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Move over “World of Warcraft," here comes "Pox in the City" -- courtesy of the National Endowment for the Humanities in a new departure that puts some of our federal tax dollars to work funding online games.
That's $200,000, to be exact, for two games whose object isn't to build the biggest body count but to immerse the player in an episode from American history.
The NEH announced $17.9 million in grants this week to support scholarship and education in the arts and letters, including the two grants of $100,000 each for online gaming projects, which are part of a new funding initiative for online cultural resources called Digital Projects for the Public.
The player's goal in "Pox in the City" is to prevent a body count from mounting. Developed by Lisa Rosner, a history professor at Richard Stockton College of New Jersey, it aims to capture the terror of a smallpox epidemic that broke out in Philadelphia in the early 1800s. The gamer takes on the persona of a doctor who's trying to stem the outbreak.
For folks who'd rather not have any corpses darkening their online edutainment, the NEH is helping to fund a game called "Walden," which will put the player inside the head of one of America's seminal literary men, Henry David Thoreau, as he explores the pleasures and challenges of solitude and contemplation during an extended stay beside Walden Pond in Concord, Mass., circa 1845. This one is being developed at USC under the leadership of Tracy Fullerton, director of the university's Game Innovation Lab.
Four other Digital Projects grants, totaling $118,000, will go toward more traditional online cultural content -- including a website being developed by the New School in New York City devoted to the social history of the AIDS Memorial Quilt that was first displayed in 1987 to pay poignant, individual tribute to victims of the disease, and a compilation of non-commercial radio broadcasts about the civil rights and black power movements, amassed by researchers at the University of North Carolina at Chapel Hill.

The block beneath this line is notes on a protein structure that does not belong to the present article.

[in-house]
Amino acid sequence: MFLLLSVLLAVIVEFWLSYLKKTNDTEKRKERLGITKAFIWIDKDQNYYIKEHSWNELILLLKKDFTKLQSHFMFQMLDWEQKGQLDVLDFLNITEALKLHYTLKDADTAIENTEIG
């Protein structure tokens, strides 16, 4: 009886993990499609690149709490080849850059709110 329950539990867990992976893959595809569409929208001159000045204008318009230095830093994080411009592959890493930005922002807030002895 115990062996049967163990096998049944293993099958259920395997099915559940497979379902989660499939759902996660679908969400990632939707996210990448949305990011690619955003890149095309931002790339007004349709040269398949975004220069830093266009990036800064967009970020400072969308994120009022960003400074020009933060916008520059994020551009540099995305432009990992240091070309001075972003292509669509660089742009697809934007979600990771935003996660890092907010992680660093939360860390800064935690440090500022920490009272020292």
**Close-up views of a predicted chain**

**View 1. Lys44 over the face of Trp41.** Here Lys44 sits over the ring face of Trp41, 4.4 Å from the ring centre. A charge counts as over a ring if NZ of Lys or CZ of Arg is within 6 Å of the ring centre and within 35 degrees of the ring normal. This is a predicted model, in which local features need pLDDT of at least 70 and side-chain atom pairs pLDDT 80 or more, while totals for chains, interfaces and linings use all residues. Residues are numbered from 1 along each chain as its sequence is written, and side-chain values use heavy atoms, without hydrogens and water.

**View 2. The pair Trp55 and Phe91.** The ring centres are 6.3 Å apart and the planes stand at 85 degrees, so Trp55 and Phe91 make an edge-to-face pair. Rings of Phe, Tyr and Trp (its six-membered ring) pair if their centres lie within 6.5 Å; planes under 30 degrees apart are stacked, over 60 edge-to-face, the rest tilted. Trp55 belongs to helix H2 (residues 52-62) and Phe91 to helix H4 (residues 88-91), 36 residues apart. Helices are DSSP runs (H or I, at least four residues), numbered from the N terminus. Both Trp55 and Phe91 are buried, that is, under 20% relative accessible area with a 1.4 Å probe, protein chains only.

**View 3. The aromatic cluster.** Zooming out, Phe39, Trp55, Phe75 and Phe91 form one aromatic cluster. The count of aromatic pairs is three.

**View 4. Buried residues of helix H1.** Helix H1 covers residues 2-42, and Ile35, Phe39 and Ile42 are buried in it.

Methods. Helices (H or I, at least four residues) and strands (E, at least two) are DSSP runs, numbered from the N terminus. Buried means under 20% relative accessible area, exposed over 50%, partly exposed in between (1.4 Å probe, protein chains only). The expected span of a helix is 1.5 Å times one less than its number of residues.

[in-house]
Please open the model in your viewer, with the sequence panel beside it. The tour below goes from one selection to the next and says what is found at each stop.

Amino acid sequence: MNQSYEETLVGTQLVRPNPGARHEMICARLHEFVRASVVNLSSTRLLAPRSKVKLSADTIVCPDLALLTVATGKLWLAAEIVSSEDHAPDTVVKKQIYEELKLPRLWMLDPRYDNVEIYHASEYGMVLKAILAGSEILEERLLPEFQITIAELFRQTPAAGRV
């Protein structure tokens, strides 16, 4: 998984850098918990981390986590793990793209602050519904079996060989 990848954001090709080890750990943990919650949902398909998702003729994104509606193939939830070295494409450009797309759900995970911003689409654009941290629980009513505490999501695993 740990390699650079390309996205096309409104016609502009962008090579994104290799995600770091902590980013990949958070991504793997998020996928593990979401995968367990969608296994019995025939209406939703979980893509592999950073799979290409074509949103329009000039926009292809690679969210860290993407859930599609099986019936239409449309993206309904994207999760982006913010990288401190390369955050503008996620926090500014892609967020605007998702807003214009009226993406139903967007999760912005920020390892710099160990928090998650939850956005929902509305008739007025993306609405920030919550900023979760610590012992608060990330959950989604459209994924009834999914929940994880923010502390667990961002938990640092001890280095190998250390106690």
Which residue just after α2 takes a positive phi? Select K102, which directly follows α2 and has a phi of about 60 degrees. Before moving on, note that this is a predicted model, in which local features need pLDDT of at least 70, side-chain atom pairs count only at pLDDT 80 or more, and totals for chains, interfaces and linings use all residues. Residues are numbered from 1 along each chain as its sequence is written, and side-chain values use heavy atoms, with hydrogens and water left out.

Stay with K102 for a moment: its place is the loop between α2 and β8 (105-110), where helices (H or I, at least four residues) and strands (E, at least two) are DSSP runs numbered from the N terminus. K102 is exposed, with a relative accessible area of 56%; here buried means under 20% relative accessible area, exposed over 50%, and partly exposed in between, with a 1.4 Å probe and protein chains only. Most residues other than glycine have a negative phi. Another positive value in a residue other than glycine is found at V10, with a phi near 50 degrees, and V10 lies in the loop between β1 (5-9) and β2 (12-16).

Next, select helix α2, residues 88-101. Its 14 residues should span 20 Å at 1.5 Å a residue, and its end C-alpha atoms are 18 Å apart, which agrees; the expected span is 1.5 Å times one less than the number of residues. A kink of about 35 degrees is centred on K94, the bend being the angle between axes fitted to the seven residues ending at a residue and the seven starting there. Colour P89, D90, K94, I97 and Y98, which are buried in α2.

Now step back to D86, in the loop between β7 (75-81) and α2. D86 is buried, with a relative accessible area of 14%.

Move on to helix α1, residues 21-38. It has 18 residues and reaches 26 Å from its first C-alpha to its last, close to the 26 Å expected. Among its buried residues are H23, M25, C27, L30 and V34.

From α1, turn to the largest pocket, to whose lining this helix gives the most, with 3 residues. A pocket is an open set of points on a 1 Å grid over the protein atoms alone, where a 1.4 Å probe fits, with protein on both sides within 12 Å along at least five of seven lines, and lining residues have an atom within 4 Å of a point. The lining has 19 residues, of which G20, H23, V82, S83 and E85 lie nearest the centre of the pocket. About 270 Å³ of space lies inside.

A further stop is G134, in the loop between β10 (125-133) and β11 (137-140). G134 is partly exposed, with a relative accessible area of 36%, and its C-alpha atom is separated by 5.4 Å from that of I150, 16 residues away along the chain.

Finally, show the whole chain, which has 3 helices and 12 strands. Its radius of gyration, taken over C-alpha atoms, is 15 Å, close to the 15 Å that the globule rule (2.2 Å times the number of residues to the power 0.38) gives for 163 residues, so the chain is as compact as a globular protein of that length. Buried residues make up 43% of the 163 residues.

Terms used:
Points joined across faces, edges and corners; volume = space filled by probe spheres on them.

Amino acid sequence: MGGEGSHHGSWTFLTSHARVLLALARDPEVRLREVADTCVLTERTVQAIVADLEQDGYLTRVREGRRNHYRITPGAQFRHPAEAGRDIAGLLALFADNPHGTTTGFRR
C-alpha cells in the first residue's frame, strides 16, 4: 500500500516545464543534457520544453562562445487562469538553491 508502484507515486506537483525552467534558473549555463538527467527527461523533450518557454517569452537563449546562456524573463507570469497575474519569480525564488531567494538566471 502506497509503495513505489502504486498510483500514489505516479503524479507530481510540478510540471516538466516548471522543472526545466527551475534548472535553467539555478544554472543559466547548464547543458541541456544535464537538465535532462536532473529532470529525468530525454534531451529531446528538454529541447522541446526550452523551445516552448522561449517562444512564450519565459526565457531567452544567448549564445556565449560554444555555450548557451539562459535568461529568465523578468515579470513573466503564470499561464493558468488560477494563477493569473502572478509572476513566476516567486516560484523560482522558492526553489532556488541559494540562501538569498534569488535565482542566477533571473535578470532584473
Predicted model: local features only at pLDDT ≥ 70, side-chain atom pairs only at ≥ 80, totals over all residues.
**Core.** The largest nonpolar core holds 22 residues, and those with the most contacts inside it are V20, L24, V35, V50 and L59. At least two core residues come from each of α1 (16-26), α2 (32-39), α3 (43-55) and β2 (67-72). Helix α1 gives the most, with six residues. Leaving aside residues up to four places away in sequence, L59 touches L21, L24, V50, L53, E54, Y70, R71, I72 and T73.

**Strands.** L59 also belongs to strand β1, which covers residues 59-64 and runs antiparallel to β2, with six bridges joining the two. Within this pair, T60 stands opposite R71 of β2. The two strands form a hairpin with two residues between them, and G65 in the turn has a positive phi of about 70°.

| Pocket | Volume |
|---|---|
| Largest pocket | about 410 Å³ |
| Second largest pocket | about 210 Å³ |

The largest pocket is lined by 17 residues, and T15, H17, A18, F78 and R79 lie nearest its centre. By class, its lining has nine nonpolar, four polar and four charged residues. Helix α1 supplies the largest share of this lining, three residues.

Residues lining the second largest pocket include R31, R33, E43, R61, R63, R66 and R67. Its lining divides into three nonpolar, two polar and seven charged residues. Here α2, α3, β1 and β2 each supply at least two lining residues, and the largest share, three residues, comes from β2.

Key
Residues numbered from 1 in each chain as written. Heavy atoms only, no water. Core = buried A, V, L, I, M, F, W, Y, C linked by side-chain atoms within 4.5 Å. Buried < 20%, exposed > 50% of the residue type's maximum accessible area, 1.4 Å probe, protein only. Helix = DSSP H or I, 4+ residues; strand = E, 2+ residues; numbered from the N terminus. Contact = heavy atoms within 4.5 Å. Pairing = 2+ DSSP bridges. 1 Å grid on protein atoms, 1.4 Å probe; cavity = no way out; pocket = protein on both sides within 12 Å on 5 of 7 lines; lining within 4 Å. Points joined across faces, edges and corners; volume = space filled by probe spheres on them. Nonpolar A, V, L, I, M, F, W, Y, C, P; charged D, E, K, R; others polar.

The newly-announced grants are the first of three funding rounds for the NEH for fiscal 2014-15. It aims to disburse $119 million for the year as outright or matching grants. The grants account for 81.5% of its $146-million budget, with the rest going for staff salaries and other administrative costs.
The new grants range from $1,000 payouts to help museums and libraries mount touring cultural exhibitions organized by the NEH, to $1.48 million to the Chicago-based American Library Assn., which will continue a program called "Bridging Cultures" that provides programs, books and digital materials to libraries around the country to bolster their offerings about diverse groups that make up the American scene.
An earlier project involved Muslims in America; the new grant is for library programs on the history and culture of American Latinos.
In all, the NEH made 233 grants that average $76,824 each -- compared with the more egalitarian approach taken in a recent grant round by the National Endowment for the Arts, which spread $29.1 million among 1,116 recipients, an average grant of $26,075, with a ceiling of $100,000.
That's partly because the NEH's grantmaking for this round included many of its biggest-ticket items, such as funding endowments for scholarly chairs at universities and executive positions at museums.
The endowment-building grants, eight of which were for $500,000 each, are all conditional on the institutions raising a matching amount from other sources. One of them went to the Detroit Institute of Arts to endow the job of vice president in charge of its education programs. A $1-million endowment from federal and matching private sources would be expected initially to generate about $50,000 a year toward a staffer's salary.
California-based recipients accounted for 29 grants totaling $1.7 million -- including a $260,000 matching sum to endow two humanities staff positions at the Imperial Valley Desert Museum in Ocotillo -- the biggest grant in the state for use by a single recipient.
Two grants are for scholarly looks at the history of Hollywood. USC professor Steven Ross, a historian specializing in the film industry, will receive $50,400 to further work on his next book, "Hitler in Los Angeles: How Jews and Their Spies Foiled Nazi Plots Against Hollywood and America."
At UC Santa Barbara, media historian Ross Melnick will receive $50,400 for a study called "Hollywood's Global Exhibition Empires, 1925-1913."
John Pollini, a USC professor of classical art and archaelogy, will get a like amount for his work on "Destruction, Mutilation, and Repurposing of Images in Late Antiquity," including how newly dominant Christians in the Roman Empire appropriated or destroyed artworks from the pagan past.
Another scholarly grant of $50,400 goes to Susan McWilliams Barndt, a professor of politics at Pomona College, to help her complete a book called "The Founding Fathers as Architects and Designers."
The Museum of Contemporary Art, San Diego, will get $6,000 to help it prepare for the worst -- the money is for training and equipping museum staffers to save its art collections in the event of a disaster.
For the record, Dec. 11, 3:14 p.m.: The photo caption in an earlier version of this post gave an incorrect amount for the grant that USC professor Tracy Fullerton has received to develop an online game. It's for $100,000, not $50,400.
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